CJ in Brooklyn Botanical Garden

Cheng Jin at the Brooklyn Botanical Garden

Can you tell us a little about your family?  Do you have siblings? Pets?

My parents are a great support to my endeavors. I also have an older brother, a younger sister, and a pet terrapin.

What do you miss most about Singapore other than family and friends?

I really miss the hot weather. It can get to around 33 C, or 92 F in the day. The hot weather prevails all year, and we have no other seasons other than summer. As much as I love snow, I never realized how much I love being warm until I came to US and experienced really cold and harsh weather. I miss having the quirky Singapore accent and food around too – they are truly irreplaceable in my heart.

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A collage of some of Cheng Jin’s favorite Singaporean food

What do you love most about NYC?

As a tropical girl, I believe the snow is one of the most beautiful creations. I experienced my first snowfall during my audition here – I remember staring at it in bewilderment through the transparent glass in school before my composition interview. Central Park is another sanctuary that provides me respite from the urban, digital structures and hectic school life. I also love the artistic variety here as shown through numerous museums and performance halls.

What is your favorite thing about being a student at Juilliard? What is the most challenging part of being a student at Juilliard?

CJ in St John the Divine

Cheng Jin at St. John the Divine Church

It is hard to have a favorite because I really love everything here. I love absorbing knowledge within the environment – the library is like a paradise with its never-ending, fragrant-smelling, sometimes yellowish scores, and immense video/audio collections. Our teachers are committed and wonderful, and lessons with my composition teacher Dr Robert Beaser are always insightful. Being around listening to like-minded friends in casual settings or concert halls are extremely motivating. I love working with friends on music too! Being in Juilliard also brings the MET Opera, NY Phil, Carnegie Hall artists and musicians near to me, since these are all in close proximity. Musicians that I heard on YouTube from Singapore now can be seen and heard live! For example, I was able to hear the Juilliard String Quartet, the Vienna Phil, Marc-André Hamelin, Waltraud Meier and many fabulous international musicians live.

CJ in Nyphil

Cheng Jin at the NY Philharmonic

The most challenging part of being a student here is to go for all concerts available. We seem to have concerts every day and because of classes it is not possible to go to every concert. The thought of what I would have missed on is sometimes shattering but I am comforted by the fact that I am going to as many as I possibly can!

 

What is your greatest aspiration?

My greatest aspiration is actually quite simple. I really want to connect with people with my music. When I went to Cebu, Philippines as part of the SOTA Global Perspectives initiative, I found great meaning in teaching music and art. I hope to bring the transformative and therapeutic power of arts to people all around the world.

Watch/listen to one of Cheng Jin’s pieces performed by Juilliard students
Violins: KJ McDonald and Mitsuru Yonezaki
Cello: Philip Sheegog
Viola: Hannah Geisinger

What is your greatest non-music related aspiration?  What do you hope to accomplish in your life outside of the performing arts world?

My greatest non-music related aspiration would be to learn as many languages as possible! I am now learning German at Columbia University as part of the BCJ exchange (http://www.juilliard.edu/degrees-programs/barnard-columbia-juilliard-exchange), and I hope to learn more in future. Having a grasp of languages help break barriers not only in music but in life as well.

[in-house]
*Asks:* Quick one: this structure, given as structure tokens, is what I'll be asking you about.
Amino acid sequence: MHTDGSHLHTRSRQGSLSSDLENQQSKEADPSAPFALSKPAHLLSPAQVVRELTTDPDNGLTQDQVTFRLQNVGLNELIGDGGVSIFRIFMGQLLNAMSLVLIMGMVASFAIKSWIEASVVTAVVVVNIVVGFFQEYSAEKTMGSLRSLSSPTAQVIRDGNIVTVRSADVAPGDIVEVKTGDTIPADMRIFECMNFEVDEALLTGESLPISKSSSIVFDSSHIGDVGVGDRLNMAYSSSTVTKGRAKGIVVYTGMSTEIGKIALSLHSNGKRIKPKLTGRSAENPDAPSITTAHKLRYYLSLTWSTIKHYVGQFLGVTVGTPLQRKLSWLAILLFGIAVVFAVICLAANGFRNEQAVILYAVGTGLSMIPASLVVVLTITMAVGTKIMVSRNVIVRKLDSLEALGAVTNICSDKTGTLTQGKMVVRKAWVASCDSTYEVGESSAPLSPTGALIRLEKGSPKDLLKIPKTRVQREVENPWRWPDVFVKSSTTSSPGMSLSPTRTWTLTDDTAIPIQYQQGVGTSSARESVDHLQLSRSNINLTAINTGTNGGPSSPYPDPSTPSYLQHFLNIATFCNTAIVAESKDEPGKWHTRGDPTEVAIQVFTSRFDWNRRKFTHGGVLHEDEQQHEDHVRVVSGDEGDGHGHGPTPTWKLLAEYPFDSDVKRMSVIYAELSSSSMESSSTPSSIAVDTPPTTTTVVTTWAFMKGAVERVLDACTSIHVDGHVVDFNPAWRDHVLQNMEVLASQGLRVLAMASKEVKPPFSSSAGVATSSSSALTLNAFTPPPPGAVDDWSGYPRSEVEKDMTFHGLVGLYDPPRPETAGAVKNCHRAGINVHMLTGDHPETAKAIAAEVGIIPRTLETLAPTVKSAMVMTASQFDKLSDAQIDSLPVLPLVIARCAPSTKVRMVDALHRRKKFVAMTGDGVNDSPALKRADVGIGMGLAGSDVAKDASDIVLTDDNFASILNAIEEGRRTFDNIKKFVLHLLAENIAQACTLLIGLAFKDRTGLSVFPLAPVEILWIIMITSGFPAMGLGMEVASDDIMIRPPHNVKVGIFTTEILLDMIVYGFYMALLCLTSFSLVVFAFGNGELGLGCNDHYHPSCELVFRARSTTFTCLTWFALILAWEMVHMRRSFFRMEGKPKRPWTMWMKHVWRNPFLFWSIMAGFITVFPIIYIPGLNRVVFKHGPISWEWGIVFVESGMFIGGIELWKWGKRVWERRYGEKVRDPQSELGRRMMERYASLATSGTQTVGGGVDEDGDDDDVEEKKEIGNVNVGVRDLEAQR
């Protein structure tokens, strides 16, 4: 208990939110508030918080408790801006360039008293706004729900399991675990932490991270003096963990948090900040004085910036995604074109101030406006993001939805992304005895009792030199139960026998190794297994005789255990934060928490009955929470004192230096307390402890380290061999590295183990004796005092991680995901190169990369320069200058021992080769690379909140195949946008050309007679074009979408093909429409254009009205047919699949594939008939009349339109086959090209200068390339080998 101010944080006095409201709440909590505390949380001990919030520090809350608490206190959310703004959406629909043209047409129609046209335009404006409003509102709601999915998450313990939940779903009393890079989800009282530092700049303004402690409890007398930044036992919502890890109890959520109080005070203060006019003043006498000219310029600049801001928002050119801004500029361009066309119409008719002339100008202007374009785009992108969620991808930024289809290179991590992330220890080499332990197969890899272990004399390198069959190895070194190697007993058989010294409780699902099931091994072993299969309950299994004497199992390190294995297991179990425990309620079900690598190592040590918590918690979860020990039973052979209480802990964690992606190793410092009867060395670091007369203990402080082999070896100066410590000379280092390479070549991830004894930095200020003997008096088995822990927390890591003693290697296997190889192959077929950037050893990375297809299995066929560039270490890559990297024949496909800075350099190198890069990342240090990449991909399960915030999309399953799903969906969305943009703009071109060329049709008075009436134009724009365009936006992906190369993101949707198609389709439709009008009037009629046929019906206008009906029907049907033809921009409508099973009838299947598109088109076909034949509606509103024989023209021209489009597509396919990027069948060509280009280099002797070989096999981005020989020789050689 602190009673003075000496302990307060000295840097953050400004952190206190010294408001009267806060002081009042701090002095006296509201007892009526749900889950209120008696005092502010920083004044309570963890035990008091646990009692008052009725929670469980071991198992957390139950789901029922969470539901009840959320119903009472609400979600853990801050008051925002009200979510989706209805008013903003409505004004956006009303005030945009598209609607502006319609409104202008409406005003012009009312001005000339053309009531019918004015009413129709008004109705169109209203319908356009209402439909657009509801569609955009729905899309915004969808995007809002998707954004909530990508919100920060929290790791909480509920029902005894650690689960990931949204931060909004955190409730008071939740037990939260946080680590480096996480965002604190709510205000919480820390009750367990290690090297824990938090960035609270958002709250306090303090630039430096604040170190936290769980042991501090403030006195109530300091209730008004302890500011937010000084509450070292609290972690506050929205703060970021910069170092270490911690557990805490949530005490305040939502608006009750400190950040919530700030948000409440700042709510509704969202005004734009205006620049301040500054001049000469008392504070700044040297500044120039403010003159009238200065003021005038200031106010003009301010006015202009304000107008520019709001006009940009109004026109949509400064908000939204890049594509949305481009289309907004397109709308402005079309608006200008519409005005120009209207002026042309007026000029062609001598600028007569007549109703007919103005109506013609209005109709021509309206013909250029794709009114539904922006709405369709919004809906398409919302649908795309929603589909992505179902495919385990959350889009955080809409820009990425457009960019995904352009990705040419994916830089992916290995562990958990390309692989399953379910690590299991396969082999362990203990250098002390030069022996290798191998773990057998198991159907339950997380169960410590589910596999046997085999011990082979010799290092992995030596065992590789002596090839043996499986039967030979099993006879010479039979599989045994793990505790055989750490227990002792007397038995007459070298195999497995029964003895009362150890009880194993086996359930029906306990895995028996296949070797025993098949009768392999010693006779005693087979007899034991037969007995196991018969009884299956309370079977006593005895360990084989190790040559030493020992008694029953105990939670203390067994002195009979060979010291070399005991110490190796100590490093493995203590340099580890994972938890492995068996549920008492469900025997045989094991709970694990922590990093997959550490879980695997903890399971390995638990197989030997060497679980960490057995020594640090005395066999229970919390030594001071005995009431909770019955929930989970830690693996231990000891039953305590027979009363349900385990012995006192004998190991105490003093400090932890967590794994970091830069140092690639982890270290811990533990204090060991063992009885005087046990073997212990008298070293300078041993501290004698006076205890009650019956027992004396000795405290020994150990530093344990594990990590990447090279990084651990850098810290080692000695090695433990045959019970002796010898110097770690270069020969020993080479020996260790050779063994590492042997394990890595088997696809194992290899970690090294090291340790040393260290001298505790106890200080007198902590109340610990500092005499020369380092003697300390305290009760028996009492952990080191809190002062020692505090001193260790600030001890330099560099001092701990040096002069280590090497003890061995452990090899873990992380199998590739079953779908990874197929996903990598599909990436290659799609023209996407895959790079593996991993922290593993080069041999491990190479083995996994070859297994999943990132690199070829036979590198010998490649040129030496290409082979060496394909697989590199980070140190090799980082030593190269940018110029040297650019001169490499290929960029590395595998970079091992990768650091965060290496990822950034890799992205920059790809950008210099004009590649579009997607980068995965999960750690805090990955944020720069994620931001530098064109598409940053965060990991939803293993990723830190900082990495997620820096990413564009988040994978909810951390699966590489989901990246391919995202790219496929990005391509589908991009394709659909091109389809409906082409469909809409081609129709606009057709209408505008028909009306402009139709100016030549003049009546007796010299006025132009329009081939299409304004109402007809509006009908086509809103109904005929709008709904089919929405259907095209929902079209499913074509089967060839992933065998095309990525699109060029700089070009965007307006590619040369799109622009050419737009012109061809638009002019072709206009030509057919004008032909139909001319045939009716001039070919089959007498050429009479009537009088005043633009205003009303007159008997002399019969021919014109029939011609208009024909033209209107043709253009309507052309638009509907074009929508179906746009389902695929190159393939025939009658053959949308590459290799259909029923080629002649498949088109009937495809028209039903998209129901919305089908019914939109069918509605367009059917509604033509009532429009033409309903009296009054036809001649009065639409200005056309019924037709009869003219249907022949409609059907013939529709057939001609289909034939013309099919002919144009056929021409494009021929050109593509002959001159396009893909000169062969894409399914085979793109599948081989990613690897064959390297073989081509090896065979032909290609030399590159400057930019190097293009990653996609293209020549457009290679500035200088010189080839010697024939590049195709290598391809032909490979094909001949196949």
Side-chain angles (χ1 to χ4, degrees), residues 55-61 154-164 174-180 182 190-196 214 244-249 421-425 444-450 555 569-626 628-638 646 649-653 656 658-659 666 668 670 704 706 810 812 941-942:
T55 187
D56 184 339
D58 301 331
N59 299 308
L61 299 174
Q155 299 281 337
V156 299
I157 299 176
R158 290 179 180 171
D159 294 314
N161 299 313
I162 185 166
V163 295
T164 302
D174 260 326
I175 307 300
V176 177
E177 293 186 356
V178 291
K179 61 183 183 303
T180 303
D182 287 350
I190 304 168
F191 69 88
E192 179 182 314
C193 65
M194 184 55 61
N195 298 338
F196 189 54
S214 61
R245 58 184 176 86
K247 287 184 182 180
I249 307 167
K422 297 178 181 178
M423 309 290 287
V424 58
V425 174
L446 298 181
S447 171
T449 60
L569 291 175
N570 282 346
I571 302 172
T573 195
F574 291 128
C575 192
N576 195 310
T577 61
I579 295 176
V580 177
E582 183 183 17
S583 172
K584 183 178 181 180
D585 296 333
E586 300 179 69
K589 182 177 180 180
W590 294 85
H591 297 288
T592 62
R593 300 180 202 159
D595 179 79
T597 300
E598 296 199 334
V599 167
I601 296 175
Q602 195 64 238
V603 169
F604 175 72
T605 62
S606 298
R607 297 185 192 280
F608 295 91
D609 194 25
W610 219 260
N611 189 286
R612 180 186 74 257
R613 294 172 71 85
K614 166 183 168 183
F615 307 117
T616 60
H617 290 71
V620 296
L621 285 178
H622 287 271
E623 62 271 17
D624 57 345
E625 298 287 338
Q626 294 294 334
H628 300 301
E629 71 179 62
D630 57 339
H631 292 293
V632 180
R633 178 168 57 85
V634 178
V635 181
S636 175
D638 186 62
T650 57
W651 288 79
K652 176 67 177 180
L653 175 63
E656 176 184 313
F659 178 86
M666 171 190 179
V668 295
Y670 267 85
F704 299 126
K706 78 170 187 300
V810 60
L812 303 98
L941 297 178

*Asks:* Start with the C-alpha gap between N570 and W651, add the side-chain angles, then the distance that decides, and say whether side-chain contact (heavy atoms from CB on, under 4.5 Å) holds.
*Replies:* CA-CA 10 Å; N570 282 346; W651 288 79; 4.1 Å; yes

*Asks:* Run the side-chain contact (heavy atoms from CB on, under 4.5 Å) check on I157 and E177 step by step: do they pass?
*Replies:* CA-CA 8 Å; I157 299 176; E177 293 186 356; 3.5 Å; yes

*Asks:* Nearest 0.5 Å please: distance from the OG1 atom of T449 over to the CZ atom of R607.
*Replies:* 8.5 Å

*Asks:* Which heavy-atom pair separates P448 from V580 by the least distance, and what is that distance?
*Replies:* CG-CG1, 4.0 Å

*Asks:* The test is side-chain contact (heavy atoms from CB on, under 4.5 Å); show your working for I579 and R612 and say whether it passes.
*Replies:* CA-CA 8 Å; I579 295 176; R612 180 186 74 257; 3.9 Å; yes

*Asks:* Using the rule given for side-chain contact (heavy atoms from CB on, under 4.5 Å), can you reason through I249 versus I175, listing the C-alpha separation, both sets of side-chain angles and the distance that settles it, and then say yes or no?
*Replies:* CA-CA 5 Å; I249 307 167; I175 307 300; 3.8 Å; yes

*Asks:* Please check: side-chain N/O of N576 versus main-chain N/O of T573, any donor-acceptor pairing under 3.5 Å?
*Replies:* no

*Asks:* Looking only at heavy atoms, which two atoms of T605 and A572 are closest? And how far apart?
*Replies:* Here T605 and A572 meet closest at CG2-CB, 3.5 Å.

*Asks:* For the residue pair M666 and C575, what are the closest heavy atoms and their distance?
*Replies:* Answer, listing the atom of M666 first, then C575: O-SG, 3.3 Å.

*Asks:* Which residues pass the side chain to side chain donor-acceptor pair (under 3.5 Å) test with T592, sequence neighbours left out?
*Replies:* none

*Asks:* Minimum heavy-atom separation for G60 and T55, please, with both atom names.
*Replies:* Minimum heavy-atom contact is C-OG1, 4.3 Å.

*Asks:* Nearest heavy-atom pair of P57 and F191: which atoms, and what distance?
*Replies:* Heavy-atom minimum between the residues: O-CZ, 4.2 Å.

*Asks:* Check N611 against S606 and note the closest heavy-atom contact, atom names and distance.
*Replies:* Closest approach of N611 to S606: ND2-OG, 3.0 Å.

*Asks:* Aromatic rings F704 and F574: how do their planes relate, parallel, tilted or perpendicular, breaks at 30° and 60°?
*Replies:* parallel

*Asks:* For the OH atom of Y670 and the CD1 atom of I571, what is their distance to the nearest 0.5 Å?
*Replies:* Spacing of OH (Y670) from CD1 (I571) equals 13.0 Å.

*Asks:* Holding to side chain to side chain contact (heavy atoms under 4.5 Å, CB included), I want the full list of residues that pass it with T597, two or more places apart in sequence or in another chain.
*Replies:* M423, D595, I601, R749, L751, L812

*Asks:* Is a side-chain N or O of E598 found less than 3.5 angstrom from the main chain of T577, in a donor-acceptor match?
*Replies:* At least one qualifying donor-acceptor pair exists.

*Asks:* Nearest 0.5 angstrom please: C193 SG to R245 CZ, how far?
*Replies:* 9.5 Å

If you could have a super power, what would it be and why?

It would be to split my soul into many complete versions of myself. This would help me go to more than 1 concert or show on a day if there are 2 conflicting performances, or travel to concert halls when I am physically unable, or even to teleport back to Singapore to take a look at my family and friends when I become homesick.

Is there anything else you would like to share with our readers?

It is April, which means the end of the semester is near. Keep the spirit going because every decision you make is worthwhile no matter the results!

CJ with friends KJ McDonald, Carmen Knoll, Philip Sheegog and Theo Chandler

Cheng Jin with friends

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Michelle Lim

For the first Eye on Culture of 2016, the Office of International Advisement interviewed Michelle Lim.  Michelle is a third year dance student from Singapore, a country commonly described as a place where “East meets West.” In addition to discussing her cultural background and her passion for dance, choreography, photography, and videography, Michelle shares her experience as a Juilliard student leader and provides advice for potential applicants.

Interested in applying for a leadership position?  Positions available include Orientation Leader, Orientation Chair, Programming Assistant, Diversity Advocate, Colloquium Peer Leader, Resident Assistant, and Hall Coordinator.  Applications are due no later than Friday, January 29th.
Michelle Lim

You were an orientation leader two years ago and an orientation chair this past year. What made you want to be a student leader at Juilliard? How would you describe this experience? What did you gain by being a student leader?

My main motivation for becoming a student leader stemmed from my want to get to know the incoming students in the school. We are all so busy practicing our craft that it’s so hard to meet everyone despite being in such a small school! Coming from a different country, I remember how I was afraid of not knowing anyone and being alone in such a foreign place. Orientation was a time of uncertainty and fear but also a time that I made my best friends in this school, many of whom are outside of the dance division. I don’t know if I would’ve met as many people if I missed out on orientation!